America’s foreign policy establishment believed that China’s economic ascent would lead to political liberalization, and that China in the long term would become a benign actor in world affairs. That view has been falsified, but there is no consensus about what China wants and what threat it might pose to American interests. China is seeking technological self-sufficiency and even superiority in key industries. It has concentrated military spending on advanced technologies. Its Belt and Road Initiative proposes a trillion-dollar investment program to project China’s influence across the world. What is China’s grand design, and how should the United States respond to it?
David P. Goldman is a columnist at Asia Times and a principal of Asia Times Holdings LLC. He contributes regularly to the Claremont Review of Books and other conservative outlets, including PJ Media, where he writes the “Spengler” column. During 2013-2016 he was a managing director at Yunfeng Financial, a Hong Kong investment bank. Previously he was global head of debt research at Bank of America and head of credit strategy at Credit Suisse. He is the author of several books including “How Civilizations Die” (2011).
We need an uprising of decency.
If only …
If only Donald Trump were not president, we could have an interesting debate over whether private health insurance should be illegal. If only Trump were not president, we could have an interesting debate over who was softest on crime in the 1990s. If only Trump were not president, we could have a nice argument about the pros and cons of NAFTA.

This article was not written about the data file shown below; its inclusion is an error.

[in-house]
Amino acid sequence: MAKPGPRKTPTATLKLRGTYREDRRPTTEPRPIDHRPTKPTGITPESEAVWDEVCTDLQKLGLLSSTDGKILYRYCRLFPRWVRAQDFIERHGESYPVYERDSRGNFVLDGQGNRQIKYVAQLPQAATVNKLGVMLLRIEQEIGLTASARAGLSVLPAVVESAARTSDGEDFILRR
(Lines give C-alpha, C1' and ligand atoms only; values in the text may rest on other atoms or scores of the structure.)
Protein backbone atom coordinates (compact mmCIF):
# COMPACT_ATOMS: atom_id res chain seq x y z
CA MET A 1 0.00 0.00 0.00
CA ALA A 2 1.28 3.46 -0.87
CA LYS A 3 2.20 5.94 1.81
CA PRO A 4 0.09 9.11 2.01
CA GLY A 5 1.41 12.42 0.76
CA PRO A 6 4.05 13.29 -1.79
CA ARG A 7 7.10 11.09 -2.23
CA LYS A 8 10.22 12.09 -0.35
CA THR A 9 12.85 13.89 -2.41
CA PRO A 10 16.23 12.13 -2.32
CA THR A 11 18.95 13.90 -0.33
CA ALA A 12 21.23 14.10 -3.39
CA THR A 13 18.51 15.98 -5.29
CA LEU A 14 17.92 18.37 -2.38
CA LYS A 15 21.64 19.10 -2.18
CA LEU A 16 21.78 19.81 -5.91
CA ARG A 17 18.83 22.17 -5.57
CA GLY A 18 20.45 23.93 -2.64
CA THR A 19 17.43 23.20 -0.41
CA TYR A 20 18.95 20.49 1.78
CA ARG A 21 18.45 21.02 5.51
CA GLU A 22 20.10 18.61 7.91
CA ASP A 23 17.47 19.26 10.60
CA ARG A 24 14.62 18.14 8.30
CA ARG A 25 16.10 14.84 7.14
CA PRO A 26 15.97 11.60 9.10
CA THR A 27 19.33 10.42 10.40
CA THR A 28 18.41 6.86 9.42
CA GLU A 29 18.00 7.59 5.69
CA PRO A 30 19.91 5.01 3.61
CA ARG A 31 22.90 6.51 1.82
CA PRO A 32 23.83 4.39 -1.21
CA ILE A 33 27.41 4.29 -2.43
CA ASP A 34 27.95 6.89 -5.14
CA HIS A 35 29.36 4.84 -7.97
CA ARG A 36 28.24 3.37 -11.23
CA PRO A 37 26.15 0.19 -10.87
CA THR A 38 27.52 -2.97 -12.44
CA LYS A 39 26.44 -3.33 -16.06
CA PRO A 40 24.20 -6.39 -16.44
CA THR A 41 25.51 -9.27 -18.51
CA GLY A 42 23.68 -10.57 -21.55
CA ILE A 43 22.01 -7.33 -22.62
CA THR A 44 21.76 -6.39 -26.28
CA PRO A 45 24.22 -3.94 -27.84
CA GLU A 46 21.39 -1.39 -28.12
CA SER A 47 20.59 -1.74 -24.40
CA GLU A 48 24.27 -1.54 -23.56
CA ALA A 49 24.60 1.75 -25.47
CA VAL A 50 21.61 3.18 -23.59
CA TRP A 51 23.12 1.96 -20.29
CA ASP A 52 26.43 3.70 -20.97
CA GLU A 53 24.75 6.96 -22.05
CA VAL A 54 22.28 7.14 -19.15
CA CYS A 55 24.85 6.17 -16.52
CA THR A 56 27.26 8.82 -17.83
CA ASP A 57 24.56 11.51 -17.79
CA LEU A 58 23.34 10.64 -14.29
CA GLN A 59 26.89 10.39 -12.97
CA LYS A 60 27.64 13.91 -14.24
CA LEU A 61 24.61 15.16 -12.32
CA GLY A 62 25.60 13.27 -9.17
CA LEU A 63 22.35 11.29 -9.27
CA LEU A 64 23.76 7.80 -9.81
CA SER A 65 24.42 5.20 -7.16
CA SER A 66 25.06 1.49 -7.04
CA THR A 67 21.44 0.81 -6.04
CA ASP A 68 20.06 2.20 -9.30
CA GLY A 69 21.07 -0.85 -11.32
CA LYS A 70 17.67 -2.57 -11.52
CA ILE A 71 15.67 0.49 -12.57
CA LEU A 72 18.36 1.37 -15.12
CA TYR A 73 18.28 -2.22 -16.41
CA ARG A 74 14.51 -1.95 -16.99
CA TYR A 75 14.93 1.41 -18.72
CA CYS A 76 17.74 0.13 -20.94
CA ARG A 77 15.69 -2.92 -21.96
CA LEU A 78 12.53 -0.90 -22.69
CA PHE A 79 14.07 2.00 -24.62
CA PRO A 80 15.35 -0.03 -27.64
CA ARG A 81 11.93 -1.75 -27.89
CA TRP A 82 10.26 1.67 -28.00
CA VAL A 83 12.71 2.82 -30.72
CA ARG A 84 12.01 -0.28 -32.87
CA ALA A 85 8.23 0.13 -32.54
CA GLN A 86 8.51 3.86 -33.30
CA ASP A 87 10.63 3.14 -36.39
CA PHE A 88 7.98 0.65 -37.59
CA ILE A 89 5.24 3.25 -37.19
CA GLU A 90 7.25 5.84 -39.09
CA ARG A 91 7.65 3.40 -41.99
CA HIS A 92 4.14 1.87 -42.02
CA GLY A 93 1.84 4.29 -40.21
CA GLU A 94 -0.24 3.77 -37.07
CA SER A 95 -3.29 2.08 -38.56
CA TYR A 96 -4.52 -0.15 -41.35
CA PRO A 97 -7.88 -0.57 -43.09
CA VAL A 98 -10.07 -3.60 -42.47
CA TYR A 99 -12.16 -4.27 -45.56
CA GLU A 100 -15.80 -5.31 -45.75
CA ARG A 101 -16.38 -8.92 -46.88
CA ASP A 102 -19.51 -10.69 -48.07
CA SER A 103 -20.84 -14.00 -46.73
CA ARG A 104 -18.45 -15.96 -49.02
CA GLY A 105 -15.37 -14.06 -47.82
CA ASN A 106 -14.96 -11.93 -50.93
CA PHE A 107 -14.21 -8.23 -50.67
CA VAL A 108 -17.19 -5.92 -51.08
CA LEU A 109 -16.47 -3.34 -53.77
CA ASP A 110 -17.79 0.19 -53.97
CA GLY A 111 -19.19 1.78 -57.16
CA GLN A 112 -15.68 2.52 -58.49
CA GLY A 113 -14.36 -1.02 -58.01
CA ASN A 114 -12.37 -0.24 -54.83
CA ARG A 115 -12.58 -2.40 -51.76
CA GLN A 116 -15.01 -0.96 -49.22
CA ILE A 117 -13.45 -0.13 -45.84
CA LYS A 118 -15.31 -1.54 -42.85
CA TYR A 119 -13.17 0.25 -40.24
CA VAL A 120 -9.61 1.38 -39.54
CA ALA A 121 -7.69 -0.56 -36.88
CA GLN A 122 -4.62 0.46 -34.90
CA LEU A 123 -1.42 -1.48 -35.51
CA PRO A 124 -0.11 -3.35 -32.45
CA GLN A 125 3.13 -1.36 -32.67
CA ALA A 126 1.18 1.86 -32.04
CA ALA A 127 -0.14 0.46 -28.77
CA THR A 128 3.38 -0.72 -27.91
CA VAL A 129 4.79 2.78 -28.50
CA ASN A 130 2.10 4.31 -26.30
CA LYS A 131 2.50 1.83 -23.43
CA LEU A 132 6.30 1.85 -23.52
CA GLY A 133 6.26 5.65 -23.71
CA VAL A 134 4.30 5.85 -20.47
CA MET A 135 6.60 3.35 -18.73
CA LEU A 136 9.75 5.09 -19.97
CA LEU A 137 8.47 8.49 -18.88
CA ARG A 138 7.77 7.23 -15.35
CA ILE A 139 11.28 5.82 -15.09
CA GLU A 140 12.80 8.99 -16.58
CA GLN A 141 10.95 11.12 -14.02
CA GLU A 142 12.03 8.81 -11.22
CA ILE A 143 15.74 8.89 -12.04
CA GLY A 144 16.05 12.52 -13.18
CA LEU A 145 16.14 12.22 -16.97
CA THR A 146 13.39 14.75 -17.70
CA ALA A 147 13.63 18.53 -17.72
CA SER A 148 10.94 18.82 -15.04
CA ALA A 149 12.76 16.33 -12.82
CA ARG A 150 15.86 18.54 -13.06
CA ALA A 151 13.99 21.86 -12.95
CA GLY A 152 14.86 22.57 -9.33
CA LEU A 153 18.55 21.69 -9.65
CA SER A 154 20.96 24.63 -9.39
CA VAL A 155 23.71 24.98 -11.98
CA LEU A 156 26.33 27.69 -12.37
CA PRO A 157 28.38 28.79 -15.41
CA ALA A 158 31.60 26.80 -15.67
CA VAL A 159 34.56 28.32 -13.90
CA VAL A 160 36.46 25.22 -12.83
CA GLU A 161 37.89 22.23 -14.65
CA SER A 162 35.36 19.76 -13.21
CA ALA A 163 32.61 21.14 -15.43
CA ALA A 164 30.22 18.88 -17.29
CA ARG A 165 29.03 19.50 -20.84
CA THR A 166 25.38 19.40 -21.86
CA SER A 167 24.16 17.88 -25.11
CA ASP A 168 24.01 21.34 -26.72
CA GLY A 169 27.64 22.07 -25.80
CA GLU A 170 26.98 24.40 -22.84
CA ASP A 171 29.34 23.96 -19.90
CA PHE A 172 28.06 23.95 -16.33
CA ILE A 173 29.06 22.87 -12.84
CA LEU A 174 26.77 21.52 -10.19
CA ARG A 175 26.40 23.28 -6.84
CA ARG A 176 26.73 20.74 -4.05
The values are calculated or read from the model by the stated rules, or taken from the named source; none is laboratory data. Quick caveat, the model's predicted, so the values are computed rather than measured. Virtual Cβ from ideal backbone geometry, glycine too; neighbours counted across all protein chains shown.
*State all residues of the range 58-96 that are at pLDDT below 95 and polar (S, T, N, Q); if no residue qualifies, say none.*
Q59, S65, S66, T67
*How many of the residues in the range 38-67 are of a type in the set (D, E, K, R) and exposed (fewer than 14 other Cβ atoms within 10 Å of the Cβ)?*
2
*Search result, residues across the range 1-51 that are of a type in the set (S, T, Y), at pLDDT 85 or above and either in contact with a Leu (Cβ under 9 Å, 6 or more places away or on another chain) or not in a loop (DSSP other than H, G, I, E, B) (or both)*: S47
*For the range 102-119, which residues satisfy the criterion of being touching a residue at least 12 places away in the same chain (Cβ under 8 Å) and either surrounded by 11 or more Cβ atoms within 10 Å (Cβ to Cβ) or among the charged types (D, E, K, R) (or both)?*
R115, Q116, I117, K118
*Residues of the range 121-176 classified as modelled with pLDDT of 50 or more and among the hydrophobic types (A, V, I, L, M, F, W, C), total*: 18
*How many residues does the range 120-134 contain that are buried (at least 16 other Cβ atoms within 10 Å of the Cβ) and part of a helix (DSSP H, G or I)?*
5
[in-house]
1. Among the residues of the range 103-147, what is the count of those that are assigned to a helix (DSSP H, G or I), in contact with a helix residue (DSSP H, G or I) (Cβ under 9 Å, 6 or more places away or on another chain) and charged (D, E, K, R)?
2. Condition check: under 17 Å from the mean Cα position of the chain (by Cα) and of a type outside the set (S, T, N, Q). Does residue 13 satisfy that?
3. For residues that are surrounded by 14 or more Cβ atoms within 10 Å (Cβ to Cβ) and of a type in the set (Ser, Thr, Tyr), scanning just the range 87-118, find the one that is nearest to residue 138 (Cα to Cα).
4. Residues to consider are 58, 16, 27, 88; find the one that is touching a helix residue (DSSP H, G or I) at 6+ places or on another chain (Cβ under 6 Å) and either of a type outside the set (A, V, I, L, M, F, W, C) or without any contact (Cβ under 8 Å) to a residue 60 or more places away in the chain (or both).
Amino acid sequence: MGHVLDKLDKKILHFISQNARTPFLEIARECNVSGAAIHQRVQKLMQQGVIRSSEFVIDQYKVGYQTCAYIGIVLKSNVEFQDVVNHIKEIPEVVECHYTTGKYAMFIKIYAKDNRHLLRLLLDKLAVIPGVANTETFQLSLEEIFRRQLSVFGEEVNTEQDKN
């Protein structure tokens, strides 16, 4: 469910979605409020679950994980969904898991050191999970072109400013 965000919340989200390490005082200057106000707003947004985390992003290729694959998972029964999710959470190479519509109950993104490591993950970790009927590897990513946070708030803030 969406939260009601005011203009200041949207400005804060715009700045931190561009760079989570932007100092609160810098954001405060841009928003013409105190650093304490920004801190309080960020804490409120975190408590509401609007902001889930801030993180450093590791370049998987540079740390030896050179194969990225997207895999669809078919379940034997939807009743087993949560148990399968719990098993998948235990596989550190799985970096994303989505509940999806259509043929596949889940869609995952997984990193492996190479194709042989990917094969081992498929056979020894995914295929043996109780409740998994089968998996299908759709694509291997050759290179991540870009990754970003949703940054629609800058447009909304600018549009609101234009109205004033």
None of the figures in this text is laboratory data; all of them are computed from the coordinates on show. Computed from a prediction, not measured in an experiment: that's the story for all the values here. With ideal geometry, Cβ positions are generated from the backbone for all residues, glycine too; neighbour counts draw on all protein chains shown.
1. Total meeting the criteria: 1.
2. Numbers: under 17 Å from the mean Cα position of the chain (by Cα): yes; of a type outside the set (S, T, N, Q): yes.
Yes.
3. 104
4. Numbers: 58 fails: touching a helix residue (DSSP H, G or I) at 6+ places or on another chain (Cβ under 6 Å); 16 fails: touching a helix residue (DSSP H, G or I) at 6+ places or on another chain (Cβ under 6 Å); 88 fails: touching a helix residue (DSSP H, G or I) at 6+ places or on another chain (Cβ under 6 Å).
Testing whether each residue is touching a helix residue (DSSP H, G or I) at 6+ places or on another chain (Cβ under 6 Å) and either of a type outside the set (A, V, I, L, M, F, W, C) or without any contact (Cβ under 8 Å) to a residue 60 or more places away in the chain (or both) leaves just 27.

But Trump is president, and this election is not about those things. This election is about who we are as a people, our national character. This election is about the moral atmosphere in which we raise our children.
Trump is a cultural revolutionary, not a policy revolutionary. He operates and is subtly changing America at a much deeper level. He’s operating at the level of dominance and submission, at the level of the person where fear stalks and contempt emerges.
He’s redefining what you can say and how a leader can act. He’s reasserting an old version of what sort of masculinity deserves to be followed and obeyed. In Freudian terms, he’s operating on the level of the id. In Thomistic terms, he is instigating a degradation of America’s soul.